Sports videogame publishers are still attempting to offer players highly representational games that mirror their experiences watching sports on television. If it’s in the game, it’s in the game, after all. But some independent game developers are playing with the genre, and games like Nidhogg, Hokra, and PoleRiders are pushing on the boundaries of what constitutes a digital “sport.” We can likewise look at One on One as something unique and different, as absurdist basketball, as a work of abstraction.
One on One suffers a strange surreal slowness of play. Bird and Erving float through the air on jumpers and dunks, and on shots the ball lazily creeps toward the basket. The game operates as though the world were submerged, or as though it were filmed by the same people who faked the Apollo moon landing. The offensive player dribbling the ball can perform a spin move that, given the wide-armed character pose and the fluidity of the game, resembles a pirouette—a basketball ballet.
The world of One on One is quiet. The sound in the game is sparse. The odd crunch of the ball colliding with the floor and rim, and the static of the invisible cheering crowd, reinforces the absurdity of the space rather than empowers the simulation. The odd jangle of the opening music, Joplin’s “Maple Leaf Rag,” informs us that the two basketball stars inexplicably travelled through time and are playing against the backdrop of a 1920s speakeasy.
The game itself looks like a kind of Egyptian hieroglyph basketball. The flat court on which Larry and Julius float merely suggests depth, neglecting traditional approaches to perspective. Characters do not change in size as they move from foreground to background, and there are no angles to suggest depth of field. The hushed, aquatic world of One on One contorts and refracts our traditional perspective of basketball.
What of our protagonists, Larry and the Doctor (Ph.D., not M.D.)? They appear as blotchy oppositional twins, the one a photonegative print of the other as though their ethnicity and skin color were a mere flip of a chromatic bit. But if you look carefully, pixel Bird, like his forefather, sports a mustache. Larry is wearing his No. 33, Erving his No. 6. Both are wearing blocky kneepads. Their movements are identical but asynchronous, modern dancers on an ice-black stage. There is no discernible difference in ability.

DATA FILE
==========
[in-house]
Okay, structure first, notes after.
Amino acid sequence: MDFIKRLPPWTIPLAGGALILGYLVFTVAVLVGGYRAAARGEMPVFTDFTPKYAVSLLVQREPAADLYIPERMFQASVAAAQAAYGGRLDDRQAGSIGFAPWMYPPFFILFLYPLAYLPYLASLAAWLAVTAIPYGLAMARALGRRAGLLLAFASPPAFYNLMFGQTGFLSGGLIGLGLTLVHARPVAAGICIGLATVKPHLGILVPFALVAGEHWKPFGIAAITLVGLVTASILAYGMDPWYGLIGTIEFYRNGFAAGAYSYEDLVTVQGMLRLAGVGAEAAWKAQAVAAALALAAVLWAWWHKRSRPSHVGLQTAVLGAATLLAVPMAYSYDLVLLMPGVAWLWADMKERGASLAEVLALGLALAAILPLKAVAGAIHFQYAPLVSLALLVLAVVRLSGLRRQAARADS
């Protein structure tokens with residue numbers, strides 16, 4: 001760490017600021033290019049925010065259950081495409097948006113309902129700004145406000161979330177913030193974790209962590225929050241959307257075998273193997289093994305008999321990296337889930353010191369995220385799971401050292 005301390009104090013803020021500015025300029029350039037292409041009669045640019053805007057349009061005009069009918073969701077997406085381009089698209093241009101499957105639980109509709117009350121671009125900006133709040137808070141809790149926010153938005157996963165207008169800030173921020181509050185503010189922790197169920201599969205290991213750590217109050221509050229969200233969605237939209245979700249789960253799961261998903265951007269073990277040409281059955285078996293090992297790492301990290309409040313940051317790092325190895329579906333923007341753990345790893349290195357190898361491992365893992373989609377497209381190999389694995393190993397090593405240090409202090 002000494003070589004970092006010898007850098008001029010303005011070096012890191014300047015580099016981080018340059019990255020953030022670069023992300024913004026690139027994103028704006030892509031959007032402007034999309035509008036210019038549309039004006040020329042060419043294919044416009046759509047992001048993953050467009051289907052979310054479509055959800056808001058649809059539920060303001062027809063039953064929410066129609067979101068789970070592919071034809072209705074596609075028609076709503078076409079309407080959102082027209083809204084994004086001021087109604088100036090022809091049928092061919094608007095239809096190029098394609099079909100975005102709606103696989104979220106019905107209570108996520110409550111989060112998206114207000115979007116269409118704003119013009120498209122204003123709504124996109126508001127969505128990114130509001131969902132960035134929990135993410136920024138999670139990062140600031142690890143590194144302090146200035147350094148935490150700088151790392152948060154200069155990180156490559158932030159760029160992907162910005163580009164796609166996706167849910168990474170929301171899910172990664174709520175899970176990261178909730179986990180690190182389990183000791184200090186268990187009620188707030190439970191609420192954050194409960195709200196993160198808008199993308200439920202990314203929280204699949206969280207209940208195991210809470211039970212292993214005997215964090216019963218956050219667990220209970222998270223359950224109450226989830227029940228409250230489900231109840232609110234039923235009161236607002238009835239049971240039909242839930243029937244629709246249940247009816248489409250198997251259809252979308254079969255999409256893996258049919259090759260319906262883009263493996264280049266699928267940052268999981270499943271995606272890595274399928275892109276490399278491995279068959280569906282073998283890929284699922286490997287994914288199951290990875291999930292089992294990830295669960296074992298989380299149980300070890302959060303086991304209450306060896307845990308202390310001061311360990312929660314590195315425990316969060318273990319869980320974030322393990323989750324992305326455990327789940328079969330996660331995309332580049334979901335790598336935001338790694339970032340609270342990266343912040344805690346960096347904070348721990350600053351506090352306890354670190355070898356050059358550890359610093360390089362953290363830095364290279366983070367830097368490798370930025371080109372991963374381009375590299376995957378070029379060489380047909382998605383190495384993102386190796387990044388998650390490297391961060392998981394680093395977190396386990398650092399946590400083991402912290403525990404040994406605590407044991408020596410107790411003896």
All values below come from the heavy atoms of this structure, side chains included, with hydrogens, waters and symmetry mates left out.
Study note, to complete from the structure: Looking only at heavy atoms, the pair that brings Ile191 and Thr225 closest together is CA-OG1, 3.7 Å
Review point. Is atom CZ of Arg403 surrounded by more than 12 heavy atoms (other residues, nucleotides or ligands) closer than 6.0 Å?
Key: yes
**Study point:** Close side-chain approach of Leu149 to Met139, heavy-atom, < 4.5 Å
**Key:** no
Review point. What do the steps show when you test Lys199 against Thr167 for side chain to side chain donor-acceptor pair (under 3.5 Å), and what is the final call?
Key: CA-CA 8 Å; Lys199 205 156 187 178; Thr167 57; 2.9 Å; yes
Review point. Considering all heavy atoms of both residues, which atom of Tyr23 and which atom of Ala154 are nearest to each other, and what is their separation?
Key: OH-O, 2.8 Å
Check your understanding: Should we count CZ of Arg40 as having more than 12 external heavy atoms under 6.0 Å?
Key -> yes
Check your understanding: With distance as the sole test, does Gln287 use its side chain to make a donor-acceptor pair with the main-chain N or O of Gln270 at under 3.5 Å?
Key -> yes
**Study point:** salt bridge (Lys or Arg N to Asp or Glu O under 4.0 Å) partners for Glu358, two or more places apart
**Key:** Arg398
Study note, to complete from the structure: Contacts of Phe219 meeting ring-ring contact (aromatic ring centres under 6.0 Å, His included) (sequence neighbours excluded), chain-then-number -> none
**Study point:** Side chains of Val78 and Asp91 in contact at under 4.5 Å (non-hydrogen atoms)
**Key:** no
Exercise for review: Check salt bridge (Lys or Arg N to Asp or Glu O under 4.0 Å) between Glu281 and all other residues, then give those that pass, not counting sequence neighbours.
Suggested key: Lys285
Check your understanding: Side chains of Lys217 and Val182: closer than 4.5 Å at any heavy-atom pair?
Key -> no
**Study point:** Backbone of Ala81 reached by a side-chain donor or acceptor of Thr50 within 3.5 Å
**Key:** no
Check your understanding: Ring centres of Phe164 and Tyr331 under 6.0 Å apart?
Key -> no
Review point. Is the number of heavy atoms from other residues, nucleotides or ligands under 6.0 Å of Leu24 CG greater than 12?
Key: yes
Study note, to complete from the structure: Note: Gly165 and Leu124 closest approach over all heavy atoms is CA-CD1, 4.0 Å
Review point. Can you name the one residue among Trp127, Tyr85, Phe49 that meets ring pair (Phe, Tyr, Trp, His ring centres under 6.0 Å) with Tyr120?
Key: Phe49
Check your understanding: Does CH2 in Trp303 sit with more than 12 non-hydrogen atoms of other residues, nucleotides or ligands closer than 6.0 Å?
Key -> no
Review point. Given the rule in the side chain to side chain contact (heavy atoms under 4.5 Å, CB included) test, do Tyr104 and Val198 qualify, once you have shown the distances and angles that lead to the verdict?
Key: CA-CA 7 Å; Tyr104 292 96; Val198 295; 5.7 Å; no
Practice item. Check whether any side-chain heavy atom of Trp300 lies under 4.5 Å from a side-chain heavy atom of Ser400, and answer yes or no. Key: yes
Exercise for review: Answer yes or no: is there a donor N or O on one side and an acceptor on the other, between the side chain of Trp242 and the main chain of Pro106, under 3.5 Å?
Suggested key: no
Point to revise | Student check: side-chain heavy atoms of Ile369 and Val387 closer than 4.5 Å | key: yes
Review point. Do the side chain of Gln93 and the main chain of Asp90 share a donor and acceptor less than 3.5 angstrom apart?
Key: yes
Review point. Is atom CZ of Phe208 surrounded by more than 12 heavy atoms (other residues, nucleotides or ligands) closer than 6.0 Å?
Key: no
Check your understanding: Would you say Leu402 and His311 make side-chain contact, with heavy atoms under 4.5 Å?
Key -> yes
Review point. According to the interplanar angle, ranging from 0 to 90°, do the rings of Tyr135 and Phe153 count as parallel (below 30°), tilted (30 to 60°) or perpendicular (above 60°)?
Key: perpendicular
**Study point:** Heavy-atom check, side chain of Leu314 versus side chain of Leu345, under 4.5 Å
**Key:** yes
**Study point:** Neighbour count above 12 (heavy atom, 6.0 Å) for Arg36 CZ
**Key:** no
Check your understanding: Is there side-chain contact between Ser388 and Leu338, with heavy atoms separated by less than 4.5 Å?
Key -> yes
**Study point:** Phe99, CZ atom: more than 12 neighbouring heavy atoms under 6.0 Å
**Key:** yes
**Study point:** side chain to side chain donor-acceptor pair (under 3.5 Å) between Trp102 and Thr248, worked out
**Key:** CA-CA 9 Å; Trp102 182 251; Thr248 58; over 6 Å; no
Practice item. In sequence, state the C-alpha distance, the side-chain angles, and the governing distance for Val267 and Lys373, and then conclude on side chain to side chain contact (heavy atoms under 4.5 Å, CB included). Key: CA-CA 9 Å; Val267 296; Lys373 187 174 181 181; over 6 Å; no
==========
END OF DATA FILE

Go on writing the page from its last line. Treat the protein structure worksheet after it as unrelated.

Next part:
One on One is basketball as much as it is not. While games like NBA 2K12 and EA’s presumably dead NBA Live series are pushing forward in one direction—attempting to digitally recreate the experiences of professional basketball players (or perhaps some kind of hybrid player-coach-manager)—a game like One on One takes the rules of basketball and creates something new. One on One, seen through the lens of a world with modern sports simulation, is a bizarre, abstract vision of a strange basketball world. Regardless of the designer’s intentions, the game is an artful adaptation of a known domain, at once a referential and an altogether surreal take on a familiar pastime. It is an example of the potential of digital games to explore new territories that transcend sports simulation, flirting with the imagined, the fanciful, and the absurd.
Boomshakalaka! explores the intersection of sports culture and videogame culture. Abe Stein is a researcher at the Singapore-MIT GAMBIT Game Lab and a graduate student in Comparative Media Studies at MIT. He studies sports videogames and their players, and blogs at A Simpler Creature.
Illustration by Juan Carlos Solon